Rupert Pupkin Speaks: Underrated '97 - Sean Wicks ""

Wednesday, November 8, 2017

Underrated '97 - Sean Wicks

Sean is a good friend of mine and he runs the Cinema-Scope blog (http://cinemascope-blog.blogspot.com/) which is very much a sister blog to my own (we often do series in conjunction with each other). An all-around social media lover, he's very active on twitter (https://twitter.com/wixpix), tumblr (http://seanwicks.tumblr.com/) facebook (https://www.facebook.com/WicksFlicks), and letterboxd (http://letterboxd.com/wixpix/).

It is hard to believe that 1997 with L.A. CONFIDENTIAL and TITANIC was 20 years ago. It was a solid movie year and I remember clearly everyone thinking TITANIC might sink badly (yes, bad pun intended) but then it made James Cameron the king of the movie world.


BREAKDOWN (Directed by Johnathan Mostow)
BREAKDOWN is a picture that has been made many times before, in different guises, but it’s a formula that works and in this case, makes for a solid and entertaining thriller.

Kurt Russell and Kathleen Quinlan are a married middle-class couple whose car breaks down in the middle of the desert. She goes missing, and Kurt finds himself surrounded by people who swear she was never there.

This is the movie that enabled me to have one of those “only in Los Angeles” moments, not once but twice. I was working at a Laserdisc store in 1996, as well as interning at a production company reading scripts at Universal. One of those scripts was BREAKDOWN, and after reading it I was raving about it the next day with my laserdisc co-workers. Later that day, I noticed a name pop up during a disc rental transaction that just happened to be Johnathan Mostow who not only directed this picture, but also wrote it. I told him I had just read his script and raved over it. He was, of course, in shock that his video store clerk had read his in-post-production script.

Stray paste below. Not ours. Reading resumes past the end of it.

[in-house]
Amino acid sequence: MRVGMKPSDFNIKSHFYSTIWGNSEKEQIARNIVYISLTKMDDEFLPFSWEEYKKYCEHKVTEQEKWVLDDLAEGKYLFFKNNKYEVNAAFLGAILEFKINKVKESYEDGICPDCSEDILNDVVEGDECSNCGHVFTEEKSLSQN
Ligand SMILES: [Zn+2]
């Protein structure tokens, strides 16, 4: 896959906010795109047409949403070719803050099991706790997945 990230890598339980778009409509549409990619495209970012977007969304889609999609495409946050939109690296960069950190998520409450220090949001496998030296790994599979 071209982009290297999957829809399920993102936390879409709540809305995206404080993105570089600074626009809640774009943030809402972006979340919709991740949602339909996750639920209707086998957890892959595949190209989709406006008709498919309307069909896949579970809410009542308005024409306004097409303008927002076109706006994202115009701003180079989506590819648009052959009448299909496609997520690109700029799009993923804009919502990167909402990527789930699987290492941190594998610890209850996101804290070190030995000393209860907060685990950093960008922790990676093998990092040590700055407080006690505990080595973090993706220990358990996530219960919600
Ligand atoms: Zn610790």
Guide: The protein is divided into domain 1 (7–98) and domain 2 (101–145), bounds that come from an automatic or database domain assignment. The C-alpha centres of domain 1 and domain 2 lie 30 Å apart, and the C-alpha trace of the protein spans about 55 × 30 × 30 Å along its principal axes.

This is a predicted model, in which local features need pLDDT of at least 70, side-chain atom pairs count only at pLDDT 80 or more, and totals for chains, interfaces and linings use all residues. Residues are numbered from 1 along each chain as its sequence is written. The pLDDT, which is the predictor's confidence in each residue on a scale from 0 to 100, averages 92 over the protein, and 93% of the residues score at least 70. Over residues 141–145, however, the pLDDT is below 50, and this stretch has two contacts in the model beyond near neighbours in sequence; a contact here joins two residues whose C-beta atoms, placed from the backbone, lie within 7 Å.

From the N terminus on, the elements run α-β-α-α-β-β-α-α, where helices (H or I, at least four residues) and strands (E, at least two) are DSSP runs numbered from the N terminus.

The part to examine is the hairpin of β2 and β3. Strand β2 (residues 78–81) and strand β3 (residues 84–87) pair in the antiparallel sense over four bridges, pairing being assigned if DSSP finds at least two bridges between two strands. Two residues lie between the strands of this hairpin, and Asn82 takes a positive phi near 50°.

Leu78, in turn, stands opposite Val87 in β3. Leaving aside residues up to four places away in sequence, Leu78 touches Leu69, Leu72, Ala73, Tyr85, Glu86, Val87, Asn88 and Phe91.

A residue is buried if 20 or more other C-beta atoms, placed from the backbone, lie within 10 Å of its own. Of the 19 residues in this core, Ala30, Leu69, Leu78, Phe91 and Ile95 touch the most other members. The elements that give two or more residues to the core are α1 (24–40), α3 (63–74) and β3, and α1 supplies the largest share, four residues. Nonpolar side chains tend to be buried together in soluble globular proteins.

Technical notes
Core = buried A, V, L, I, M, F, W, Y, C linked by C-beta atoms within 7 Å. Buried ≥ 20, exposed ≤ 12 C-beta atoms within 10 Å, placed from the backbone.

So 1997 comes along and the picture is released and now I’m interning at what would become a full-time development gig at a production company at Warner Bros. Mr. Mostow was friends with my employer and called in and I reminded him of who I was. He completely remembered me, and mentioned that he had told a lot of people about that day at the video store where the clerk had read and loved his script. Yes, only in Los Angeles indeed.

Oh and the movie is great, you should check it out.
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THE RAINMAKER (Directed by Francis Ford Coppola)
In the 90s, John Grisham adaptations were all the rage. A TIME TO KILL, THE FIRM as well as this picture directed by the Godfather himself, Francis Ford Coppola.

It’s hard to believe that such a big budget studio picture made by a legendary director would be on an underrated list, but this was one of the best of the Grisham movies to come out and for the most part was completely forgotten.

As with almost all Grisham-based movies (except maybe CHRISTMAS WITH THE KRANKS), it’s a courtroom drama about an underdog lawyer (Matt Damon) taking on a big-bad insurance company on behalf of an elderly couple whose son needs an operation. Oh yes, I know what you’re thinking, the plot sounds completely contrived and uninspired – and you would be right. Coppola and the cast (which includes Danny DeVito, Jon Voight, Clare Danes, Dean Stockwell, Virginia Madsen, Mickey Rourke and Roy Scheider) gives the material a lift, so much so that it is so much better than it should be.